‘In a city swollen by refugees but still mostly at peace, or at least not yet openly at war, a young man met a young woman in a classroom and did not speak to her.’
That opening line tells you what to expect for the remainder of ‘Exit West.’ The city is unnamed – it stands for any city caught up in the Syrian conflict. Even the central characters, Saeed and Nadia, feel like representatives of the ‘migrant crisis’ (I finished the book without a clear mental image of either).
If you think that is a good opening line, you will probably appreciate what comes after it. I didn’t, in either case.
Hamid’s prose style is well-advertised too. Elongated sentences (many of them paragraph-length). Repeated implication of things by negatives – ‘not yet at war…did not speak to her’ – an increasingly irritating habit. And, for this reviewer, one of the biggest distraction from this novel’s other qualities: a reflexive use of foreshadowing, particularly in the first hundred pages.
After a while, this start to feel like Hamid trying to cover-up his failure to establish a mood of growing danger through other means (event, dialogue, character). Enough with the-man-who-would-be-hung-a-month-later and the-street-which-would-be-rubble. Get to it.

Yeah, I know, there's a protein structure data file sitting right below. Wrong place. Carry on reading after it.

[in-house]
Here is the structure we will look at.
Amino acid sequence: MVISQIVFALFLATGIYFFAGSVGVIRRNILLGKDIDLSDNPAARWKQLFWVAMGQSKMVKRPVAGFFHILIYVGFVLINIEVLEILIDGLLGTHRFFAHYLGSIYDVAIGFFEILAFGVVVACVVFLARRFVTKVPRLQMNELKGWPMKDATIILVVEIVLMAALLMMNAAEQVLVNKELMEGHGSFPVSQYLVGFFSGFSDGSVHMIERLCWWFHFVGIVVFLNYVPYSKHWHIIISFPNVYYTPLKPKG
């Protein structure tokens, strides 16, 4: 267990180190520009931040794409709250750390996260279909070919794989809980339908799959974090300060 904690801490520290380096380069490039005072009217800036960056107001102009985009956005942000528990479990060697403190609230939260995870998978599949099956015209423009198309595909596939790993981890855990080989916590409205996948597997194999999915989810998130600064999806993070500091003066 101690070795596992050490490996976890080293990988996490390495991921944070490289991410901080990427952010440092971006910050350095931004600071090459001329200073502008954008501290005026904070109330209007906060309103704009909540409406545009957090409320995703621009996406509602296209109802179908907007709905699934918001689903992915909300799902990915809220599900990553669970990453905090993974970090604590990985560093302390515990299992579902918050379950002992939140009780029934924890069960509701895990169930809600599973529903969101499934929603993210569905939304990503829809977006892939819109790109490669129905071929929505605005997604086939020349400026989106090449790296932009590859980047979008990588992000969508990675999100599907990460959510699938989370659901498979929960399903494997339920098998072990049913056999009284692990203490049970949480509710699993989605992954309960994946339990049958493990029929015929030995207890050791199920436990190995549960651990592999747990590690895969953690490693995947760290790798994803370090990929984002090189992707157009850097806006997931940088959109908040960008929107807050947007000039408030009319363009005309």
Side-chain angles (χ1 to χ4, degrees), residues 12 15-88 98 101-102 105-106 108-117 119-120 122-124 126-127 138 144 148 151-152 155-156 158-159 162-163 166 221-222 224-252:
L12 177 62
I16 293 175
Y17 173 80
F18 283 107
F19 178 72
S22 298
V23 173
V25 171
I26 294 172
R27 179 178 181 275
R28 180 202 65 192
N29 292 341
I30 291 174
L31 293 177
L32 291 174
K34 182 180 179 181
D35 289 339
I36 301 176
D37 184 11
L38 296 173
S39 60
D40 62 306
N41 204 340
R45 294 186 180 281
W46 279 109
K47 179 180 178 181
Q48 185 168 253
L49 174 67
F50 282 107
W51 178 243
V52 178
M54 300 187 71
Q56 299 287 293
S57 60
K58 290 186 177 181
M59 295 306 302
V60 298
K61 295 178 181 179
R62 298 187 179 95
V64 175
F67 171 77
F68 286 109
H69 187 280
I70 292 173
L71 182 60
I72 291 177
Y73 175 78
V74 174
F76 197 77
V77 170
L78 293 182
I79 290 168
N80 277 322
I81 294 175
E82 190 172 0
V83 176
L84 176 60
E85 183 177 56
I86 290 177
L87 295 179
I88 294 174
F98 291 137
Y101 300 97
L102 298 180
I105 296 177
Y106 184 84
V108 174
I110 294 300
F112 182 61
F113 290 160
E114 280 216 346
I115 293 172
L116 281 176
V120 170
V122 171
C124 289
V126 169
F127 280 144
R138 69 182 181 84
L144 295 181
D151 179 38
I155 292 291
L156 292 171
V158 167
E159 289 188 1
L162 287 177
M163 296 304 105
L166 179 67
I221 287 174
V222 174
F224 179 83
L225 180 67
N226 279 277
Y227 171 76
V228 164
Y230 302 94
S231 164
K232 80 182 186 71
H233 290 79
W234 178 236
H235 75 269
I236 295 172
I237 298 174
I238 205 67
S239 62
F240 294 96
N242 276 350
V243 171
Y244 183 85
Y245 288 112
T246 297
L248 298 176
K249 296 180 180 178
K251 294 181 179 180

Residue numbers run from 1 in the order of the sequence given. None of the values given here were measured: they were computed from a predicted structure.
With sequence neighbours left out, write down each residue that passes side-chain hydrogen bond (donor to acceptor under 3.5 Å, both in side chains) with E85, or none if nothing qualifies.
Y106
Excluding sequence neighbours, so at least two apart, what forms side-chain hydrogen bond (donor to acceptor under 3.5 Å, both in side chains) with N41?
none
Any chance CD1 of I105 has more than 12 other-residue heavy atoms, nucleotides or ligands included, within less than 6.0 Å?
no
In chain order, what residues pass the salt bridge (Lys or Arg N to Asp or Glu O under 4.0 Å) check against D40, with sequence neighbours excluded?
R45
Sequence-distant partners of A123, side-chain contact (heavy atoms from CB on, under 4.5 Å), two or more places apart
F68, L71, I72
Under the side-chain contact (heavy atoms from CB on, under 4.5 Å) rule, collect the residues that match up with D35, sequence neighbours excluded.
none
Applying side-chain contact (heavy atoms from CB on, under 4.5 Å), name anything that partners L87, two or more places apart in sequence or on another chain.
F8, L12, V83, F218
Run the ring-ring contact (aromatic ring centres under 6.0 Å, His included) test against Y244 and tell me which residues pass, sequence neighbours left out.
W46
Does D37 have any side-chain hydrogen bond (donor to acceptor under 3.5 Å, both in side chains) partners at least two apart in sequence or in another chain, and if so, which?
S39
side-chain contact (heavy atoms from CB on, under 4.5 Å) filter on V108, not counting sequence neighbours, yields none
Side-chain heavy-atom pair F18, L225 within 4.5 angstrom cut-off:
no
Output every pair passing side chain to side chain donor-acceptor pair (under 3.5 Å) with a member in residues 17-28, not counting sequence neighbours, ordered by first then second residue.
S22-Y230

Hamid has cited Hemingway among his formative influences. Like Hemingway, he hints, alludes, and implies a lot.
Unlike Hemingway as his best, however, there are no iceburgs beneath the surface here because Saeed and Nadia are not satisfyingly rounded characters. They are good people trying to be good. That’s fine. But I would rather be given a full, flawed refugee character to sympathise with in spite of their flaws.
To its credit, the story does not quite follow the trajectory I was expecting. Hamid captures the ebb and flow of Saeed and Nadia’s romantic feelings – essentially revealing that how we feel about those we love is always dependent on the circumstances in which we know them, though we like to imagine otherwise – with tenderness and restraint. Here, the direct style pays dividends in describing a ‘double-exile’ undergone by refugees.
‘They rarely touched, and her desire to be touched by him, long subsided, did not flicker back into flame. It seemed to Nadia that something had gone quiet inside her. She spoke to him, but her words were muffled to her own ears.’
You may have sensed that ‘Exit West’ is not my Booker pick. I would recommend instead Kamila Shamshie’s long listed ‘Home Fire’, a superior (still flawed) re-imagining of Antigone in the era of IS.